Yes, the absence of Jackson will make a difference, but Miami has a couple of highly rated freshmen. One of them, Jonathan Garvin, will get a lot more snaps as he fills in for Jackson. How’s this for a true freshman who hasn’t played a ton? A sack, tackle for loss, forced fumble and fumble recovery against Virginia Tech.
I feel a need to bring up the turnover chain, both as a gimmick and as a tangible piece of an on-field factor. The Hurricanes force 2.5 turnovers per game. How much has that been due to defensive design vs. the inherent chance tied to an oblong ball vs. the motivating factor of a shiny, bulky gold necklace?
This defense has been focused from the start, but there’s no denying that the turnover chain has got them having fun. It’s contagious, they all agree. And they all want the chance to wear it. Fifteen players have worn the chain this season.
“Wearing the chain, it’s a big accomplishment,’’ safety Jaquan Johnson said. “We go out there and have to guard an offensive player the whole game, and sometimes we don’t get credit for what we do. When we get the turnover, we get rewarded and everyone sees we’re doing our job. It’s definitely a trending topic.”
Notre Dame fans are skeptical of Miami’s chances this weekend. Much of that stems from the Hurricanes barely slipping past Florida State, Georgia Tech, Syracuse and, especially, North Carolina. Miami is undeniably a talented football team. What led to such a by-the-skin-of-its-teeth stretch?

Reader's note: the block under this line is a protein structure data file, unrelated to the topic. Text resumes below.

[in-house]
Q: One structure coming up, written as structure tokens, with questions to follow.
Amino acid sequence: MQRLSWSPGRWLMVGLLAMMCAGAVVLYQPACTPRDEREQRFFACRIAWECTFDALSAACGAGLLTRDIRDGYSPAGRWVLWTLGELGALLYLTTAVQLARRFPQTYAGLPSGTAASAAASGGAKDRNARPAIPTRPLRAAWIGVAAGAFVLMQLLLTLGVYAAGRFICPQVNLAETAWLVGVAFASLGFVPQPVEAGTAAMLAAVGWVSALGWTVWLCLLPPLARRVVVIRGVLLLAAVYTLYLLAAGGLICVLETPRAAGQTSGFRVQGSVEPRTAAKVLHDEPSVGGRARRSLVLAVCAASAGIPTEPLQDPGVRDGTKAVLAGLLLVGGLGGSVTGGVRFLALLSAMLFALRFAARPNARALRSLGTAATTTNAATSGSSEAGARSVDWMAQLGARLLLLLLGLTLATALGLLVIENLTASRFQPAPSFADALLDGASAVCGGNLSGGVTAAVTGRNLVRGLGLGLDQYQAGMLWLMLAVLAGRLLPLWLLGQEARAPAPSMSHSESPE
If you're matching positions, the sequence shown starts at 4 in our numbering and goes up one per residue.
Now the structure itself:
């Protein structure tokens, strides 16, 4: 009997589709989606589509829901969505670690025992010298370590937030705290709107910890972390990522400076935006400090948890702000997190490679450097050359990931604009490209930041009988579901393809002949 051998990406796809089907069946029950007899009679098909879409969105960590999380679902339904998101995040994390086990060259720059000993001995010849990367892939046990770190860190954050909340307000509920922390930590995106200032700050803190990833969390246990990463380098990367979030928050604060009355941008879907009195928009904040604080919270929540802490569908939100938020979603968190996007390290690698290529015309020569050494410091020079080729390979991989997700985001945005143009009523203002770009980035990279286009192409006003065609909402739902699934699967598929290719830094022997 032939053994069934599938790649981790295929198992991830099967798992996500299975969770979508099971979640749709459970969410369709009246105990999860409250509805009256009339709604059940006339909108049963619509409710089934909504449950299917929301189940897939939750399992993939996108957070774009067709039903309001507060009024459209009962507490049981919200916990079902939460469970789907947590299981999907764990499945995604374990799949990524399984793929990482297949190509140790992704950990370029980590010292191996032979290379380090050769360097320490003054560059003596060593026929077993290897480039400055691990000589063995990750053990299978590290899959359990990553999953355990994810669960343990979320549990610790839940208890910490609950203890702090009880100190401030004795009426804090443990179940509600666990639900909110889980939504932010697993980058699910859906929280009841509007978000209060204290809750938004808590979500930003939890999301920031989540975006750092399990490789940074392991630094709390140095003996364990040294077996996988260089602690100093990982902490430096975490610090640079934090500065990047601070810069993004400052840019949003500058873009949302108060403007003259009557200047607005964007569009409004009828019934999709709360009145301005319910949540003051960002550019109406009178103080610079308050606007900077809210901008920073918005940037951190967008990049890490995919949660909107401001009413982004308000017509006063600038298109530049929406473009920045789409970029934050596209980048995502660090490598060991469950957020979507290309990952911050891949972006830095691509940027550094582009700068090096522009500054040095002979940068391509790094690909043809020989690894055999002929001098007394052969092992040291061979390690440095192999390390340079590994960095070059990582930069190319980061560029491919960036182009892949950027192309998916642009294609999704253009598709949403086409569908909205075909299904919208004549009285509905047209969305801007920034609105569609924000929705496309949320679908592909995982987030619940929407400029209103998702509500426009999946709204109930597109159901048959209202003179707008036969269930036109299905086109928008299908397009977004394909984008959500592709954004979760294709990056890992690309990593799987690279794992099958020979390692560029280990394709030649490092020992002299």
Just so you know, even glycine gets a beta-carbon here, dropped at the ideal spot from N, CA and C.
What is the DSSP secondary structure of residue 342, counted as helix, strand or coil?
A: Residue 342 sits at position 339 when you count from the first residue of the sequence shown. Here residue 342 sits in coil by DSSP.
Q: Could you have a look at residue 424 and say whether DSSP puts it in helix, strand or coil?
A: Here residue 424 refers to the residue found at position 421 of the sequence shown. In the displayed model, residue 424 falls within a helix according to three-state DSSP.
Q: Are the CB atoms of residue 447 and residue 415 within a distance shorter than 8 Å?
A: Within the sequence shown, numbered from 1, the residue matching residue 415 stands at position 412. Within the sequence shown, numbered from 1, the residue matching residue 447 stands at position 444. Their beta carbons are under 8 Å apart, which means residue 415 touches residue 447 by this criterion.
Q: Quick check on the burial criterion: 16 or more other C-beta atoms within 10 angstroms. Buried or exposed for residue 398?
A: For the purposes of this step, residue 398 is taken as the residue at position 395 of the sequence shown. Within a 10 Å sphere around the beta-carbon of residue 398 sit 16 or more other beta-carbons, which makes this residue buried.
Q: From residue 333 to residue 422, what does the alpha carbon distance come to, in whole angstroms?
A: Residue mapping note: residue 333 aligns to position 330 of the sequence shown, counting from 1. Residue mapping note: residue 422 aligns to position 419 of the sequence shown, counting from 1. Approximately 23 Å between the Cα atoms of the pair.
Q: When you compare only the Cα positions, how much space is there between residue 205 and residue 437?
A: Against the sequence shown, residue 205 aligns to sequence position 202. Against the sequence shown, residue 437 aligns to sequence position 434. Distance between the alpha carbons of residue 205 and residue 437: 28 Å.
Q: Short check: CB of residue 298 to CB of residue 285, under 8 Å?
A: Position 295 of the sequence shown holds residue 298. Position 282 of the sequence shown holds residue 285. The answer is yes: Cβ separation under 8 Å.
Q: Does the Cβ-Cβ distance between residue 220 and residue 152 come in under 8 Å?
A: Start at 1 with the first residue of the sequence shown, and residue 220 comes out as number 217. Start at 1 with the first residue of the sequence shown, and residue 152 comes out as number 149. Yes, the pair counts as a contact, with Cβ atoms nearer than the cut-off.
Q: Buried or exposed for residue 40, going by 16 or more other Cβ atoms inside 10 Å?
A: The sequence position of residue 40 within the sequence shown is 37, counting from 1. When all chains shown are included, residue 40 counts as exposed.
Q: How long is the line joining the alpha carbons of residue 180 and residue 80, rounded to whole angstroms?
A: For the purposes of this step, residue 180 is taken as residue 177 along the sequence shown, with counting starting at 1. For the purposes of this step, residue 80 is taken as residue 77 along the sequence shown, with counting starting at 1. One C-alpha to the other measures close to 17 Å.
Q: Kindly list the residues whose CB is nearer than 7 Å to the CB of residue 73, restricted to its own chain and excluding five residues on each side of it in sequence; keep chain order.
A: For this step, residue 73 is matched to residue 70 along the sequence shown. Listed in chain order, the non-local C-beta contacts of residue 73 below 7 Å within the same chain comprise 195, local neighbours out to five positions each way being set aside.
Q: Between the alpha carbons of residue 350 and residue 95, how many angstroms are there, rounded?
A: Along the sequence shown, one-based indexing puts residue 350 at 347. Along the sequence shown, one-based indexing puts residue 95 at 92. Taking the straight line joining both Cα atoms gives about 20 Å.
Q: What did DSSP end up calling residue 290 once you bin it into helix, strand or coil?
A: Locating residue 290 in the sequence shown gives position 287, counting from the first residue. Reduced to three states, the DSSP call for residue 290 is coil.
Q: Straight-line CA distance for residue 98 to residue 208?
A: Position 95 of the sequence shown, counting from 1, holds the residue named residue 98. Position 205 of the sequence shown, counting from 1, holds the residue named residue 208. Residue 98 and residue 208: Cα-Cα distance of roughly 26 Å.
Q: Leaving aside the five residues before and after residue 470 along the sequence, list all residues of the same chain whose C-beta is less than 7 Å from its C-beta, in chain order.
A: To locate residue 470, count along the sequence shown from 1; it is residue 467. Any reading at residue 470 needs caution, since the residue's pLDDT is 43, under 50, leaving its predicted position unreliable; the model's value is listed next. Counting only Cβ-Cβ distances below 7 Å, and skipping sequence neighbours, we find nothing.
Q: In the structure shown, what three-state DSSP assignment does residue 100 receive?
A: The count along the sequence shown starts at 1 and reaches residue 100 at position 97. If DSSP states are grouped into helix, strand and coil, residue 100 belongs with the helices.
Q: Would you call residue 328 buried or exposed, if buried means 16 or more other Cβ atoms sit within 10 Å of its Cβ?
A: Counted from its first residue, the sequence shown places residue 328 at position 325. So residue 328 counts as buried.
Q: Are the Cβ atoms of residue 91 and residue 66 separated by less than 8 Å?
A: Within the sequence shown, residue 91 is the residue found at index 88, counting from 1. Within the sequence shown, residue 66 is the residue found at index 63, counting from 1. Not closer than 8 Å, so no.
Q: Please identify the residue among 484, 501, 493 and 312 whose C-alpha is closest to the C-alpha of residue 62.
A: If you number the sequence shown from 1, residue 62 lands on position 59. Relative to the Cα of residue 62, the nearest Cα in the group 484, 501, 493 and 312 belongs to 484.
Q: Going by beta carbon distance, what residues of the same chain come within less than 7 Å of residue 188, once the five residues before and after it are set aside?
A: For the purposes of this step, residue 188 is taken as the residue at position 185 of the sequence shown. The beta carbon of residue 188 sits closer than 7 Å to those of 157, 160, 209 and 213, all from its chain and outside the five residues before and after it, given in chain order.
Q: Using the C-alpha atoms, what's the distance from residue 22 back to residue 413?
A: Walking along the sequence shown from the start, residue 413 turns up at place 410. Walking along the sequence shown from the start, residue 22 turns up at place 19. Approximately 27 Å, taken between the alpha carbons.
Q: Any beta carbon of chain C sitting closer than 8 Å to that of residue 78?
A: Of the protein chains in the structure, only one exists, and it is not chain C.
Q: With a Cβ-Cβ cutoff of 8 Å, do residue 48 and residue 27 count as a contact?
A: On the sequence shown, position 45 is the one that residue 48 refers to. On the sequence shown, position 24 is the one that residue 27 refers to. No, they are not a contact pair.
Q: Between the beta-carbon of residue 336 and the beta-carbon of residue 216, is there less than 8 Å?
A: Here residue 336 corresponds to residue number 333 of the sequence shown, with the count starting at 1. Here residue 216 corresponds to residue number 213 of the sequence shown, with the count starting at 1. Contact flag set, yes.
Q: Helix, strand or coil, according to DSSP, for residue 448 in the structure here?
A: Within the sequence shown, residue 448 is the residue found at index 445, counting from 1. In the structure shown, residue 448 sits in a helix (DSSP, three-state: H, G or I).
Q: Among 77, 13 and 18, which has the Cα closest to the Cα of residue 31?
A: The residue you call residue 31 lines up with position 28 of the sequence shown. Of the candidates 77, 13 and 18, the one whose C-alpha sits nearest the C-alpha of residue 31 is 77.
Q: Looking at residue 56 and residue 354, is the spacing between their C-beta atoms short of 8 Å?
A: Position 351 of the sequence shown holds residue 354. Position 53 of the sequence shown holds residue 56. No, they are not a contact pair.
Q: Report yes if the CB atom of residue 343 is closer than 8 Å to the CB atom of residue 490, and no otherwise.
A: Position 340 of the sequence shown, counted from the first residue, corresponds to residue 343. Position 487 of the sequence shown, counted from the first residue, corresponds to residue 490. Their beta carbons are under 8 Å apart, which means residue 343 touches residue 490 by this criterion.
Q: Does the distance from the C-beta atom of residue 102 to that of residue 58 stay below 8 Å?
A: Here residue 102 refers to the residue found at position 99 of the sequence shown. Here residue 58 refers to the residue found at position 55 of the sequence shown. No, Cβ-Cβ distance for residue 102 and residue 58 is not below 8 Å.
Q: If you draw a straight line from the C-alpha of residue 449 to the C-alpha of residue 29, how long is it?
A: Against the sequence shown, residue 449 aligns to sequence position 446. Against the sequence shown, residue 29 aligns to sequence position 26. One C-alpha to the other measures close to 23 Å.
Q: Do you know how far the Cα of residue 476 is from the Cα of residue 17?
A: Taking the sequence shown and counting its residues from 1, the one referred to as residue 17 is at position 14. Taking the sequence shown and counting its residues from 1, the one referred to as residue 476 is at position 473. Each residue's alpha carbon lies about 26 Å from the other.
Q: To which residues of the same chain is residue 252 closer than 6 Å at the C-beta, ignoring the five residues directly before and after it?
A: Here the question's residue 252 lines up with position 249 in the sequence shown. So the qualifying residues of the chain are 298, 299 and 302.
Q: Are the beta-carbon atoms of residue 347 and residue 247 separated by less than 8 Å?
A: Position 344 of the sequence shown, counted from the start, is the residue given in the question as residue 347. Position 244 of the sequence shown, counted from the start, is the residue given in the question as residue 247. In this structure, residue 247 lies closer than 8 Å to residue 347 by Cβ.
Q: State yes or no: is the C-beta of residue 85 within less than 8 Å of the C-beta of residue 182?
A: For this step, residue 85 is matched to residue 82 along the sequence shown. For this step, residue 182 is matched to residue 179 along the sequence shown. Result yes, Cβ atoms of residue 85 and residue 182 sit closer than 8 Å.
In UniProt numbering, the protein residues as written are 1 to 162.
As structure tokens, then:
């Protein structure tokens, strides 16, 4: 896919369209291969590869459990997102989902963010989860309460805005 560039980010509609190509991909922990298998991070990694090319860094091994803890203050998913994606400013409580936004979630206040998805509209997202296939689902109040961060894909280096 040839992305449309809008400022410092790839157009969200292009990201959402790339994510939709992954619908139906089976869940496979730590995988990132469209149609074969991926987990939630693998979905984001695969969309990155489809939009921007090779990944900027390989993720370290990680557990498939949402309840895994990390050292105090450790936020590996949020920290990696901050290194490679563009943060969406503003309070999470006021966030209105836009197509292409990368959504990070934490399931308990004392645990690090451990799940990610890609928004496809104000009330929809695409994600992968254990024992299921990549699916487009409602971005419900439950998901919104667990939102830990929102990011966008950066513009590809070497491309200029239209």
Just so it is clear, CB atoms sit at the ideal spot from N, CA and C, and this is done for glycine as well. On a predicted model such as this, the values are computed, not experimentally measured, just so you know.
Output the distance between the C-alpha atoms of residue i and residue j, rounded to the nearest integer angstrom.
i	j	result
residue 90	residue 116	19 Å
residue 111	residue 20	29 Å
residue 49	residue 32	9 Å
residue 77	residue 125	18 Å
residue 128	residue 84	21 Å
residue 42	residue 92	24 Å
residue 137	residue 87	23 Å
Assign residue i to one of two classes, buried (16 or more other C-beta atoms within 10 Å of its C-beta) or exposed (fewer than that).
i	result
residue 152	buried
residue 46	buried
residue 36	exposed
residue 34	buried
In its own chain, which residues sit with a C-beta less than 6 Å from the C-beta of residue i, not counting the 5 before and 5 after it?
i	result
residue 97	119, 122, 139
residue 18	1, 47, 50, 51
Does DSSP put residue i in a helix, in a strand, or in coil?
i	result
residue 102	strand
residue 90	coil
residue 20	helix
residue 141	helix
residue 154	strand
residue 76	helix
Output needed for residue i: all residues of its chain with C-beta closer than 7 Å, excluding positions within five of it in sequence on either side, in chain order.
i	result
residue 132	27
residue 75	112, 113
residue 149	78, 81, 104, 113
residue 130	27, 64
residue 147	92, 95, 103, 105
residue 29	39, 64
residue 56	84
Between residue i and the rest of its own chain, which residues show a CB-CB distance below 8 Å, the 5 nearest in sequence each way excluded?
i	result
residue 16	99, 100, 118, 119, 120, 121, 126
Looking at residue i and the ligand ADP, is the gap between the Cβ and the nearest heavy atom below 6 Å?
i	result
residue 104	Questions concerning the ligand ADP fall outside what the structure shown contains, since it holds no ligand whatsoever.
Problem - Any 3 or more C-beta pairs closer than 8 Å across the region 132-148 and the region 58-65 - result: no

Slow starts. The ‘Canes have a second-half point differential of +206 in 21 games under coach Mark Richt (390-184) and have held opponents to 10 points or fewer in the second half in 15 of 21 games. This season, Miami has 154 points in the second half and 98 in the first half. Its opponents have 84 points in the second half and 57 in the first half.
(Note from Douglas: Notre Dame has outscored opponents 224-82 in the first half this season, compared to only 148-84 in the second half. Even if attempting to adjust for the Irish easing off the gas pedal in blowouts, that first-half discrepancy stands in stark contrast to the Hurricanes’ tendency to get out of the gate a touch sluggish.)
The flip side of those close games is the Hurricanes are much more battle-tested than the Irish. The last time Notre Dame won a close game was … the last time Miami lost a game. Bookmakers expect this to be close. Do you? If so, will those October stresses bear Hurricane fruit now?
I would be surprised if Notre Dame blows out Miami, though I know people who swear that will happen. If the Hurricanes win Saturday, they will be sparked by what will be the most raucus, insane crowd at that stadium in years. The Hurricanes are convinced the nation underestimates them and never gives them the credit they deserve. That drives them, too. But mostly they emulate the old-time defensive players who expected to win.
[protected-iframe id="4322d87b3e2eb4d11caa19723fa3b36c-15933026-22035394" info="//platform.twitter.com/widgets.js" class="twitter-follow-button"]